When we lose the people we love, we may find ourselves swept up in a torrent of emotion. Sometimes the feelings that come to the surface are familiar, and the grieving process moves relatively smooth. However, when toiling through the loss of someone close, like your father, the grief can be mentally blinding.
Spinning in the middle of it all, you’re mom asks you to deliver the eulogy for father. suddenly realizing the immense responsibility attached to writing and delivering a funeral speech, we hope and pray that the words come easy. They seldom do.
Already pushing up against your emotional limits, the only words that come to mind when you sit down to write are, “how can I possibly write a eulogy for my father?” That’s how it starts for millions of people. Watching the clock count minutes, while you’re counting the days until the funeral. Those of us who have delivered a funeral speech, will tell you the same thing. Our shared experiences can help you find your muse.
While it seems fitting to take time to sit alone and reflect, this approach will seldom lead to a completed work, worthy of remembrance. Do not balance this task alone. If you need help, find it.
How Can I Possibly Write This Eulogy?
The added pressure of delivering the eulogy for father, on behalf of your family, can be nauseating. The process can become confused with everything else that’s going on. It’s not written like an essay, but should be informative and organized. It’s not a poem, and it isn’t exactly a speech either.
If that’s not enough, you have to read it aloud, in front of everyone. At this point, if you still have no idea how to begin, it’s time to find some examples to get the ball rolling.
- The pressure can be a barrier. Do not hesitate to find help.
- Good eulogy samples can be found online, in books, or in movies.
- Recall the good times that you and your father shared, and then insert those memories into some eulogy examples to see what style your voice fits.
- Practice the eulogy at least 10 times a day. Public speaking can cause paralysis, enough practice will prevent that from happening.
What Do You Want People to Remember?
On occasion, more than one person will be asked to speak at a funeral. In this case, there is a little room to breathe. Take comfort in knowing that it’s not all up to you. A group of speakers might offer their examples, words of advice, and support. These however, are your words, not theirs. If you make the mistake of adopting someone else’s eulogy for your father, you’ll risk leaving out the good stuff that only you know.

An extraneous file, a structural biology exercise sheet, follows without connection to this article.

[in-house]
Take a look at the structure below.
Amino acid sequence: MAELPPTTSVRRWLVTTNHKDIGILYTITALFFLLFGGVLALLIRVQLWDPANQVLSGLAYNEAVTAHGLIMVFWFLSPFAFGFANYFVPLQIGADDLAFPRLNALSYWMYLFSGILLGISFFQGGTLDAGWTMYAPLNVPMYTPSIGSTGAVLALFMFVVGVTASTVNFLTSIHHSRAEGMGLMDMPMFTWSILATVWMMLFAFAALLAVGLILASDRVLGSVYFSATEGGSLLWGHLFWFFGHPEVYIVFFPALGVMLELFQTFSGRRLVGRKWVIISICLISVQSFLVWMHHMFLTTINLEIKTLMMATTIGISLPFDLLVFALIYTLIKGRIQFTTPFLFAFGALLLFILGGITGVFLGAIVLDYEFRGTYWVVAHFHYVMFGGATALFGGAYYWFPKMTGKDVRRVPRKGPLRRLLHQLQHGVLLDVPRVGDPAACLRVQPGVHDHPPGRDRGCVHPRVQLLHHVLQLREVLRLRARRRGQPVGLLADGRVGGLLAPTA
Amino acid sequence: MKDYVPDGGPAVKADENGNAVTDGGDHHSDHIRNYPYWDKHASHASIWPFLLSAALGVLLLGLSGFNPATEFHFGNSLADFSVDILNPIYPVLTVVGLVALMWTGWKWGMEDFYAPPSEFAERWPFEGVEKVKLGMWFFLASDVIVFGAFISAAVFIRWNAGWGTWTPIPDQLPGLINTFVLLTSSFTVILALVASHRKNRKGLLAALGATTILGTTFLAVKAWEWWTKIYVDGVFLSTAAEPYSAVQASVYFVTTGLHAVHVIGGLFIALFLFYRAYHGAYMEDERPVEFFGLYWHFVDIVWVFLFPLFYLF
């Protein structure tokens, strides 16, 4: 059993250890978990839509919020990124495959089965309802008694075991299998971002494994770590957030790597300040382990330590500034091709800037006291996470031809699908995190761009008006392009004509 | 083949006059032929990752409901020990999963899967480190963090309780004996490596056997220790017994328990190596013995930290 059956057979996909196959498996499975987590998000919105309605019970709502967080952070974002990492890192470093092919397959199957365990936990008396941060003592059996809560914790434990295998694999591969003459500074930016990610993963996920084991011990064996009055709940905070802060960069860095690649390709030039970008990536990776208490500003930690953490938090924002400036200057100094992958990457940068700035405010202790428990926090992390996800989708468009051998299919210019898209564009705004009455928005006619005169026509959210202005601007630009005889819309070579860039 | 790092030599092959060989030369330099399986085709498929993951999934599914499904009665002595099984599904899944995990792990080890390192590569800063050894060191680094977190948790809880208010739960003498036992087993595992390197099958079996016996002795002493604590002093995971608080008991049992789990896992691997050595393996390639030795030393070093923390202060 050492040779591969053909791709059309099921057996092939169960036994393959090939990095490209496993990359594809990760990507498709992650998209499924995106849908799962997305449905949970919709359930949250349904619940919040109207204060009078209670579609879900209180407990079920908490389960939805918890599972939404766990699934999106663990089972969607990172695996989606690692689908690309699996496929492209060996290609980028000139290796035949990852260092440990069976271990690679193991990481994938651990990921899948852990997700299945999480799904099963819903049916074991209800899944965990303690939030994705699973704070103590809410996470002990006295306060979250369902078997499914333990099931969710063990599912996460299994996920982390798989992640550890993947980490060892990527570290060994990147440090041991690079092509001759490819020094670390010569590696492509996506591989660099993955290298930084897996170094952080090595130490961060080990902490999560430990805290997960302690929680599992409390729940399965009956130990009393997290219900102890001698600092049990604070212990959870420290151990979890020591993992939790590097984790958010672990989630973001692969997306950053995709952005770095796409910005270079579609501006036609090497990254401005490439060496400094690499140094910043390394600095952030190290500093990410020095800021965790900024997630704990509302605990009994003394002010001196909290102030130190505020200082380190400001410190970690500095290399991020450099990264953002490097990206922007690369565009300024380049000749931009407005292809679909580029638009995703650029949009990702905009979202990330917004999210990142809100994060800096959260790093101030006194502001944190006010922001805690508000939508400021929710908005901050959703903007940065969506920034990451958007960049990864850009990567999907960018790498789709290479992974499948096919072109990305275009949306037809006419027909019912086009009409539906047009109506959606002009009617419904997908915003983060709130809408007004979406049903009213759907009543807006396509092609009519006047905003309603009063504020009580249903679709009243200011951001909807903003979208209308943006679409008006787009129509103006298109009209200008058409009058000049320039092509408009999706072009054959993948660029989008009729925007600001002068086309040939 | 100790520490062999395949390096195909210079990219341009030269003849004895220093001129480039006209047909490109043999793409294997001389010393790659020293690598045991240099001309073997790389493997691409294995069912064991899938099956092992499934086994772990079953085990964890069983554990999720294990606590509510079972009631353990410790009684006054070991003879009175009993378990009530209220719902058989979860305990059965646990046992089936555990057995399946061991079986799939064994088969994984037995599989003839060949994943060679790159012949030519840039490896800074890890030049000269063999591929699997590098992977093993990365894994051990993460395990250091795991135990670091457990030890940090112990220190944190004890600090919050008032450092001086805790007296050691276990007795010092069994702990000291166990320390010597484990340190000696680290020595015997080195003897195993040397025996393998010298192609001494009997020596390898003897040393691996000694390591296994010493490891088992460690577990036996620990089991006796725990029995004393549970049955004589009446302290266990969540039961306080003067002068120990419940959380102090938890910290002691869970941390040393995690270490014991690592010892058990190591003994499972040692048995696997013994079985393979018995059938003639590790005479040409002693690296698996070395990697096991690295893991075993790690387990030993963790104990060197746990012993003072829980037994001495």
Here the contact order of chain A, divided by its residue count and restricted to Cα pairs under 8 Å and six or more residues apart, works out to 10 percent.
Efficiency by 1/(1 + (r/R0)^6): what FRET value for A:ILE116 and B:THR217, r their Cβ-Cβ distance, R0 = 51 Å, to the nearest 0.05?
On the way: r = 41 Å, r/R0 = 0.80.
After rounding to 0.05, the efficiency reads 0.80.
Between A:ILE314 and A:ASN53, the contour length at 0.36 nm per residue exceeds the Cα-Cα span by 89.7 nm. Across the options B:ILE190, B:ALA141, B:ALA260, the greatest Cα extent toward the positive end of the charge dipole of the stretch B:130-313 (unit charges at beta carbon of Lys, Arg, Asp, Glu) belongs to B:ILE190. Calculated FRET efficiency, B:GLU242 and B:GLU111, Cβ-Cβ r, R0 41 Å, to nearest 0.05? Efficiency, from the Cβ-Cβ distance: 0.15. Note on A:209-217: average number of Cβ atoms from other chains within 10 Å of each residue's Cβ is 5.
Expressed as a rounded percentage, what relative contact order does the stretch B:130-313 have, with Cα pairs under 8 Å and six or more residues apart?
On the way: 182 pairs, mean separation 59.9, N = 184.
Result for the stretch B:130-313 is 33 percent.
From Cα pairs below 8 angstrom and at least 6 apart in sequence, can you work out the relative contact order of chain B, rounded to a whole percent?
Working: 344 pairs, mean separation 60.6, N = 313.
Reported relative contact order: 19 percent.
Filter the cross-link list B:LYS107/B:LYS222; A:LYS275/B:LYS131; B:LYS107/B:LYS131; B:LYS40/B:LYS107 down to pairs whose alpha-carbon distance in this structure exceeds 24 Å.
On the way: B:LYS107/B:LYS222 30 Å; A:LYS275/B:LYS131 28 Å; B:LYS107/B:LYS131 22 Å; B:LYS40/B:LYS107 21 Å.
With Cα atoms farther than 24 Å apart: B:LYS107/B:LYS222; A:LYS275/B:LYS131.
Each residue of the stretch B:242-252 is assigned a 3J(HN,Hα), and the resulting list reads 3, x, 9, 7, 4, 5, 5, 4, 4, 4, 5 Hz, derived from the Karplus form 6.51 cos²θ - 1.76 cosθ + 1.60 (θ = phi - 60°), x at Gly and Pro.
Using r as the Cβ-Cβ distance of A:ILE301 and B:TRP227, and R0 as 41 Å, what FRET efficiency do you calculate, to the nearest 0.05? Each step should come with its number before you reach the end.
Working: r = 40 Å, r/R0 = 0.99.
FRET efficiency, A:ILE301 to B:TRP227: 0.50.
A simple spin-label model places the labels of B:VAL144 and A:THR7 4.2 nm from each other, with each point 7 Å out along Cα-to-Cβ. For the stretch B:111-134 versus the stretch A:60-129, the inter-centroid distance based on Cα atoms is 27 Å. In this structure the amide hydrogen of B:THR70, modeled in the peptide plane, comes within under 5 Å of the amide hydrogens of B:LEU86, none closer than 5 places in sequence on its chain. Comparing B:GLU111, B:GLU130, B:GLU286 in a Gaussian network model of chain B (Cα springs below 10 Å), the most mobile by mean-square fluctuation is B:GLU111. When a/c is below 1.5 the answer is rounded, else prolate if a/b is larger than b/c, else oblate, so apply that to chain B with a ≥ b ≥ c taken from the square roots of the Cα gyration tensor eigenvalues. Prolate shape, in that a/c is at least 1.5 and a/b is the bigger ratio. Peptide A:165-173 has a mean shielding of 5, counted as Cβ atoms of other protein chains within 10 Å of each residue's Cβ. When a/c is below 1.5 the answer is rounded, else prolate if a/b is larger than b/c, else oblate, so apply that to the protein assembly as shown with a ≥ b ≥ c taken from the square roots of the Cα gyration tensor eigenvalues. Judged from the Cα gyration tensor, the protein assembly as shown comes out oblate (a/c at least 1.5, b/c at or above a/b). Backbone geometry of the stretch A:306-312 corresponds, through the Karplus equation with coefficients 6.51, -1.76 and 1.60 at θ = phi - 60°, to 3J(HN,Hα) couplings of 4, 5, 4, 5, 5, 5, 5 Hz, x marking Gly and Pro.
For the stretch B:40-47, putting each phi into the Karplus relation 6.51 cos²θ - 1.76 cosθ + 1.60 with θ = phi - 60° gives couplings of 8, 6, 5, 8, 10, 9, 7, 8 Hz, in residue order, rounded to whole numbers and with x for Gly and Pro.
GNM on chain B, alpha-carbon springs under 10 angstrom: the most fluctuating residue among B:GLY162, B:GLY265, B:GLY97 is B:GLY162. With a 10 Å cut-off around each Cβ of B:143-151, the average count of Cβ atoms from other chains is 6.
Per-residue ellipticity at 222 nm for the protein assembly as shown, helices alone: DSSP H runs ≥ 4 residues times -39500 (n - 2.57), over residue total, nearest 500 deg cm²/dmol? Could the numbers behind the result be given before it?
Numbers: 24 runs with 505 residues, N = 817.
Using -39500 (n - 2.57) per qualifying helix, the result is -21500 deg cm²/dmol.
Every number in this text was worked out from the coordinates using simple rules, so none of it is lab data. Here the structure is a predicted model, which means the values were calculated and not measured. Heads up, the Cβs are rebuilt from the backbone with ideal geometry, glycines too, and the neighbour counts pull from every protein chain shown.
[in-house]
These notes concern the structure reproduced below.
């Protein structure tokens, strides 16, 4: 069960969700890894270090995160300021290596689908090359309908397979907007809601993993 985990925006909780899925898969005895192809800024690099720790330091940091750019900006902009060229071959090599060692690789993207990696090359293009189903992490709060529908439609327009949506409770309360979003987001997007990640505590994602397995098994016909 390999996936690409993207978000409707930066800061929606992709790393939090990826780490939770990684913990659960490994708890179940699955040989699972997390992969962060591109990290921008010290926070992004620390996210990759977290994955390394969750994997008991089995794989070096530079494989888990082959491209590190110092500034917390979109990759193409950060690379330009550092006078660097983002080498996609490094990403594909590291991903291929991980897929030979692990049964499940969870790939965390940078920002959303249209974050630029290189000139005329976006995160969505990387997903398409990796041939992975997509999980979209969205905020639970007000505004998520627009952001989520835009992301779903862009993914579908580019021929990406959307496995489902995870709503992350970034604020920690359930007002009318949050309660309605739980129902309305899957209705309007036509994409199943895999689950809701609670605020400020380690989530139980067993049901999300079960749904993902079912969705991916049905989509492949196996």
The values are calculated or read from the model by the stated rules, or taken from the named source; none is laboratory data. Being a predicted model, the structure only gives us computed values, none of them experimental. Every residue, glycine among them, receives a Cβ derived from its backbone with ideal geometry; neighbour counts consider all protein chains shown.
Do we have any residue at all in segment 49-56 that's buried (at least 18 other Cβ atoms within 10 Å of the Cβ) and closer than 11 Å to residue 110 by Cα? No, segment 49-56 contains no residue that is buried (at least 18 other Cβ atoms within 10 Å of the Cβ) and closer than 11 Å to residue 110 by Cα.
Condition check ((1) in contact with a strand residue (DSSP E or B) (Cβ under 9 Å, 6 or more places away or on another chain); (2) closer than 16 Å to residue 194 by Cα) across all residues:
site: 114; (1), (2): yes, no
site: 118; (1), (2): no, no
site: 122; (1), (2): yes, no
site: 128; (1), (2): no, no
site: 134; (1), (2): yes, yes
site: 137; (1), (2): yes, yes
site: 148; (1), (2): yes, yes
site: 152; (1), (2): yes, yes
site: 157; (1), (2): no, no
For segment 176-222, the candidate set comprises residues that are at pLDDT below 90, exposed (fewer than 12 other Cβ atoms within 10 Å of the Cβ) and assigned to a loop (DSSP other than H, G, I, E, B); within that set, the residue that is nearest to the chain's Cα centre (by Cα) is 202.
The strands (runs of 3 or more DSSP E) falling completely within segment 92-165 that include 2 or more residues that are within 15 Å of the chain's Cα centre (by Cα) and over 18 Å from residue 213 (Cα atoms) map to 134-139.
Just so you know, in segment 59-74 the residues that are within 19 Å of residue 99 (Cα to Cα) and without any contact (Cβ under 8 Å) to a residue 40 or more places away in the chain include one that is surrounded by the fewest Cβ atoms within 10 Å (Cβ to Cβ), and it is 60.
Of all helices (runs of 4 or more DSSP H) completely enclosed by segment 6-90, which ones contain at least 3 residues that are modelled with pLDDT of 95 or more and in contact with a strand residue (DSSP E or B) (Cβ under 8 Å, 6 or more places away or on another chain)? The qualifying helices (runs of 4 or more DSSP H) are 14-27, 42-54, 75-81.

Recall those moments from childhood, when you thought your dad’s head was going to explode.
- Did you play any jokes on your dad? What happened?
- What lessons did he teach you?
- What did he value? What did you have in common in this way?
- What type of message would he want people to carry on?
Make an Outline of the Eulogy
Often times, the best eulogy is the one that makes people laugh, not cry. Many of us have had tough times with our dads, but it’s important to mark his passing with notes of humor. However, your experiences with him might only resonate with you. Sometimes its best to keep it accessible to everyone. While you are perfectly entitled to recall those things in the eulogy, it’s really important to find a way to let everyone else soak your words into their own memory.
Start by creating an outline of the best moments. At first, make an effort to include everything from each memory. After that’s done, you will have time to trim the fat. Make a checklist so you’re sure you have covered the key points.
Make your eulogy a tribute. Do not make it a summary, that’s what obituaries are for.
- Reveal the truth and don’t hold back.
- Confront the difficulties in your relationship, and then laugh about them.
- Recall the times that made your father laugh and cry. People will appreciate knowing his sensitive side.
Ask your siblings or close family members what they remember about the times that you wrote down. If what they can recall is completely different, you can tailor this into the speech to lighten the mood. Need a great eulogy speech? Go to my favorite site, eulogiesmadeeasy.com.